Schizophrenia is a serious brain disorder. It is a disease that makes it difficult for a
person to tell the difference between real and unreal experiences, to think logically, to
have normal emotional responses to other, and to behave normally in social situations.
People with schizophrenia may also have difficulty in remembering, talking, and
behaving appropriately. Schizophrenia is one of the most common mental illnesses.

About 1% of the world population has schizophrenia. In the United States, there are
about 2.5 million people with the disease. Schizophrenia is the cause of more
hospitalizations than almost any other illness. Schizophrenia most commonly begins
between the ages of 15 and 25. Although it strikes men and women equally, the
symptoms may appear later in women than in men. Very rarely, the symptoms of
schizophrenia can appear before the age of 12. Childhood schizophrenia has a more
chronic disease course and involves poor early language development.
People with schizophrenia can have a variety of symptoms. Sometimes, these
symptoms come on suddenly. Usually, though, the illness develops slowly over months
or even years. At first, the symptoms may not be noticed or may be confused with those
of other conditions. For example, people with schizophrenia may feel tense, be unable to
concentrate, or have trouble sleeping. They often become increasingly isolated and
withdrawn as their grip on reality loosens. They do not make or keep friends. They may
stop caring about the way they look. Dropping out of school or doing badly at work are
other early signs of schizophrenia. As the illness progresses, symptoms of psychosis
develop. The person starts to act strangely and talk nonsensically. People with
schizophrenia may develop paranoid delusions. Examples of this would be that they
might see, feel, smell, or hear things that are not really there. They may have physical
symptoms, like frowning or unusual movements, and may stand or sit in strange
positions. Some people become almost motionless. Others move around constantly. The
severity of symptoms will vary from one person to another. The symptoms also tend to
worsen and improve. When the symptoms are improved, the person may appear to
behave relatively normally, but usually there will be repeated episodes of the illness that
Schizophrenia is a complex and puzzling illness. Even the experts are not sure
exactly what causes it. Some doctors think that the brain may not be able to process
information correctly. People without schizophrenia usually can filter out unneeded
information: for example, the sound of a train whistle in the background or a dog barking
next door. People with schizophrenia, however, cannot always filter out this extra
information. One possible cause of schizophrenia may be heredity, or genetics. Experts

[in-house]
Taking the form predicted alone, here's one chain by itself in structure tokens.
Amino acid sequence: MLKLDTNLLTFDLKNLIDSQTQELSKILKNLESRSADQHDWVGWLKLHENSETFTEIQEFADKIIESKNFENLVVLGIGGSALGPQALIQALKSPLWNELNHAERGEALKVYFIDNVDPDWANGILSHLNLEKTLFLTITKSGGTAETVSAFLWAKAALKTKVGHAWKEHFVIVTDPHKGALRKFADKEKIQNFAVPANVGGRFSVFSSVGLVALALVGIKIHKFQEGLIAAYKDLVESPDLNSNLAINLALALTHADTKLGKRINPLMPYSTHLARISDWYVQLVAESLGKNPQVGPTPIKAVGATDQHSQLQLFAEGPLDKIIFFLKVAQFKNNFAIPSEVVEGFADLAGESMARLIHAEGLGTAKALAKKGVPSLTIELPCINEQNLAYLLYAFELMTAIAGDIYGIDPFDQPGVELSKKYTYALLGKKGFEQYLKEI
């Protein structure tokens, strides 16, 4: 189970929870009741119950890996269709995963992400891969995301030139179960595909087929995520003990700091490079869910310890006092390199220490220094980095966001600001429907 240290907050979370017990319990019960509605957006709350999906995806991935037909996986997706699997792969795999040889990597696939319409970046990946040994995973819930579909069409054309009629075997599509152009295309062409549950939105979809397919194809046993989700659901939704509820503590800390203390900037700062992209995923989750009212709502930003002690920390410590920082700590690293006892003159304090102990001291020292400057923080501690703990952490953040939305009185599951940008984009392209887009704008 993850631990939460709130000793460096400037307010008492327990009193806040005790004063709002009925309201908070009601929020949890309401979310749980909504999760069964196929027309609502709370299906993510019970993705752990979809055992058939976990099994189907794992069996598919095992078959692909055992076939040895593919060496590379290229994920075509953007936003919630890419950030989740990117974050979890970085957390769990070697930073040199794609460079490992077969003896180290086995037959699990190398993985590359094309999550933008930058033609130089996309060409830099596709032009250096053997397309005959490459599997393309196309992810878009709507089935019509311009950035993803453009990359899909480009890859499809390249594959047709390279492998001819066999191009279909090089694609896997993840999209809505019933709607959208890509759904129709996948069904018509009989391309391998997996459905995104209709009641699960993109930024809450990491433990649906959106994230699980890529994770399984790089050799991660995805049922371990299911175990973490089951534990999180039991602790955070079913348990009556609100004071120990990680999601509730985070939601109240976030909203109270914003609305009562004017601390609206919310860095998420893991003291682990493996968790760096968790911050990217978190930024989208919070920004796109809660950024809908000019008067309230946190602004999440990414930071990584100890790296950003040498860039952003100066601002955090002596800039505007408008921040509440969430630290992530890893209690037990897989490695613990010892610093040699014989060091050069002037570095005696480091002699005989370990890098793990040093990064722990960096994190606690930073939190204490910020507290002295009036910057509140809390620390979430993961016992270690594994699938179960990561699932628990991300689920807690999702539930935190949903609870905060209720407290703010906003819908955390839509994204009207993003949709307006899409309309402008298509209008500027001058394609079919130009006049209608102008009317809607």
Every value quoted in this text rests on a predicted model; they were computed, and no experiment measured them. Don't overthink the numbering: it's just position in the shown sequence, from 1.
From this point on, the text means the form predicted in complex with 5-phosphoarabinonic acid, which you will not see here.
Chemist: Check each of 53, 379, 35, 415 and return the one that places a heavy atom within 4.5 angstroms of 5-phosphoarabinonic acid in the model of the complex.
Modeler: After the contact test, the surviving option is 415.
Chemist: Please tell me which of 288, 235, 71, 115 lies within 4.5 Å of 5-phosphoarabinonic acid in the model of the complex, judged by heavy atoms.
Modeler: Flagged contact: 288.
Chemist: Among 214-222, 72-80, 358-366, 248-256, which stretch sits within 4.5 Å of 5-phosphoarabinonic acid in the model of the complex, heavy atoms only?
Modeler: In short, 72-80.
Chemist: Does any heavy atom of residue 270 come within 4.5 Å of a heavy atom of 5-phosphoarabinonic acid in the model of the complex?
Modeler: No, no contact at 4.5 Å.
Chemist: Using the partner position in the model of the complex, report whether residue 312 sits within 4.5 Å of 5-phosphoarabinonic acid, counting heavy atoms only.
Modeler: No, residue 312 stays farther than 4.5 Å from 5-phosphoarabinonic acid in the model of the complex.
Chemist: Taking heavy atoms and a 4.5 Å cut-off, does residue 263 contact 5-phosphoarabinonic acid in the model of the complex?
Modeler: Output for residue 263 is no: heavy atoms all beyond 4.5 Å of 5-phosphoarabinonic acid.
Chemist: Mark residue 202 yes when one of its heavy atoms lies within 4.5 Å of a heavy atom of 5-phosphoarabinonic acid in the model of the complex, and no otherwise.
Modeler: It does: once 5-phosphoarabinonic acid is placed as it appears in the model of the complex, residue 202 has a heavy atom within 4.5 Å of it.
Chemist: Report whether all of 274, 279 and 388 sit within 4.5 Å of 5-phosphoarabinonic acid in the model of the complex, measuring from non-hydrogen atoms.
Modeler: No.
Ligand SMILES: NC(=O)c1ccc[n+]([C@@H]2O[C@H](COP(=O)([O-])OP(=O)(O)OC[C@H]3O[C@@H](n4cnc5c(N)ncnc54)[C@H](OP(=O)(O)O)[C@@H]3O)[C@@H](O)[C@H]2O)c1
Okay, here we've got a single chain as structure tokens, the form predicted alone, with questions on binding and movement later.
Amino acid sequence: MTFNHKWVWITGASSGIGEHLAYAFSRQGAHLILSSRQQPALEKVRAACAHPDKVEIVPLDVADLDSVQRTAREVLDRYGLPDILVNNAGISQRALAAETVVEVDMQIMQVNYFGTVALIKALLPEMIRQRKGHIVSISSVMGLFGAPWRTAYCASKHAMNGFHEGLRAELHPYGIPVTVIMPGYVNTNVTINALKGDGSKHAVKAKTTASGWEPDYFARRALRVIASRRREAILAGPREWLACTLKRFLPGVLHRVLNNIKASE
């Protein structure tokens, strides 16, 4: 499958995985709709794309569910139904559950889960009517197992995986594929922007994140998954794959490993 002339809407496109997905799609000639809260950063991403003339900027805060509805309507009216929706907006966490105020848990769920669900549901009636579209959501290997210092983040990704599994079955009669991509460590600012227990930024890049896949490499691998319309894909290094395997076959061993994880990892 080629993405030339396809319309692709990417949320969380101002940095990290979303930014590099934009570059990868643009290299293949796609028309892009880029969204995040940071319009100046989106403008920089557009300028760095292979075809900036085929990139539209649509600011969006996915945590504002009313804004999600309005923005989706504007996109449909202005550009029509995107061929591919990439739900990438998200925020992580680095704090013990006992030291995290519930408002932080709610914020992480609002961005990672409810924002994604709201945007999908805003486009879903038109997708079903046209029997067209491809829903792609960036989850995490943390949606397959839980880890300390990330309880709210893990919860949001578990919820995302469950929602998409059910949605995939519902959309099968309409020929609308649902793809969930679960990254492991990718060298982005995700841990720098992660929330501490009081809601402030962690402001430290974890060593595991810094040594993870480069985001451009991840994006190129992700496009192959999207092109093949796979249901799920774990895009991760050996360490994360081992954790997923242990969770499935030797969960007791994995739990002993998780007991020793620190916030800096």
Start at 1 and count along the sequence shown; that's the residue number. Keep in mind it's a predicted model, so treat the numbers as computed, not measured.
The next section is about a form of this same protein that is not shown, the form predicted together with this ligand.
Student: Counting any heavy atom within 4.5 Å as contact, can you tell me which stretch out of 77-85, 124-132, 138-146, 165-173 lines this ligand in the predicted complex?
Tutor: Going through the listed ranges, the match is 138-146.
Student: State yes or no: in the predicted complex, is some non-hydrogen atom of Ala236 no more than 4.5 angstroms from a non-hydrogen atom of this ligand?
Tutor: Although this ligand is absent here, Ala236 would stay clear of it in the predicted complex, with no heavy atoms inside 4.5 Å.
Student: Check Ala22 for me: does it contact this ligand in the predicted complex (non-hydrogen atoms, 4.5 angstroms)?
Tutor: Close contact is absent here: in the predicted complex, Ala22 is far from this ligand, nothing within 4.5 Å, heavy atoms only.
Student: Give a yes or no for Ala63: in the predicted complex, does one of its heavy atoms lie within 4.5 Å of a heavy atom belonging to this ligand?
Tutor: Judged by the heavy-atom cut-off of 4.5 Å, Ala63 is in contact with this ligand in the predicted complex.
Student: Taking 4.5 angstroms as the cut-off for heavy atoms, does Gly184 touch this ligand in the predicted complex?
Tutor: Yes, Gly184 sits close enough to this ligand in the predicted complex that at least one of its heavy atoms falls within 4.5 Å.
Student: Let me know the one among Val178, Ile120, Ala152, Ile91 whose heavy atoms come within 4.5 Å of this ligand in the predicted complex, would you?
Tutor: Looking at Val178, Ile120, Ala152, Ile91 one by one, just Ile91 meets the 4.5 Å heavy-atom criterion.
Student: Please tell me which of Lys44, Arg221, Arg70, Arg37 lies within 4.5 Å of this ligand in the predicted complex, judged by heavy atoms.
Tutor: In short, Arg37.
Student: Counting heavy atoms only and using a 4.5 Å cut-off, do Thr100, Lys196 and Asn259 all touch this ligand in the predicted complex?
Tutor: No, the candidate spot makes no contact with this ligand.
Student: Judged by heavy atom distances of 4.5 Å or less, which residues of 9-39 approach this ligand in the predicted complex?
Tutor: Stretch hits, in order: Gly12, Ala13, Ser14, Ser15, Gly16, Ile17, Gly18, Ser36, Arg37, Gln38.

think that some people inherit a tendency to schizophrenia. In fact, the disorder tends to
run in families, but only among blood relatives. People who have family members with
schizophrenia may be more likely to get the disease themselves. If both biologic parents
have schizophrenia, there is nearly a 40% chance that their child will get it, too. This
happens even if the child is adopted and raised by mentally healthy adults. In people who
have an identical twin with schizophrenia, the chance of schizophrenia developing is
almost 50%. In contrast, children whose biological parents are mentally healthy – even if
their adoptive parents have schizophrenia – have about a 1% chance of getting the disease.
That is about the same risk as for the general population of the United States.

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Some researchers believe that events in a persons environment trigger
schizophrenia. Some studies have shown that influenza infection or improper nutrition
during pregnancy and complications during birth may increase the risk that the baby will
develop schizophrenia later in life. Many believe that schizophrenia is likely caused by a
complex combination of genetic and environmental factors. Certain people are born with
a tendency to develop the disease. But the disease only appears if these people are
exposed to unusual stresses or traumas.

Schizophrenia is usually treated with antipsychotic medication. Some people with
schizophrenia also benefit from counseling and rehabilitation. They may need to go to
the hospital during an acute attack. The goal of treatment is to reduce symptoms during
acute attacks and to help prevent relapses. At this time, there is no cure for
Antipsychotic medications are very effective in controlling the symptoms of
schizophrenia. These medications first became available in the mid-1950s. They have
greatly improved the lives of thousands of people. Before that time, people with
schizophrenia spent most

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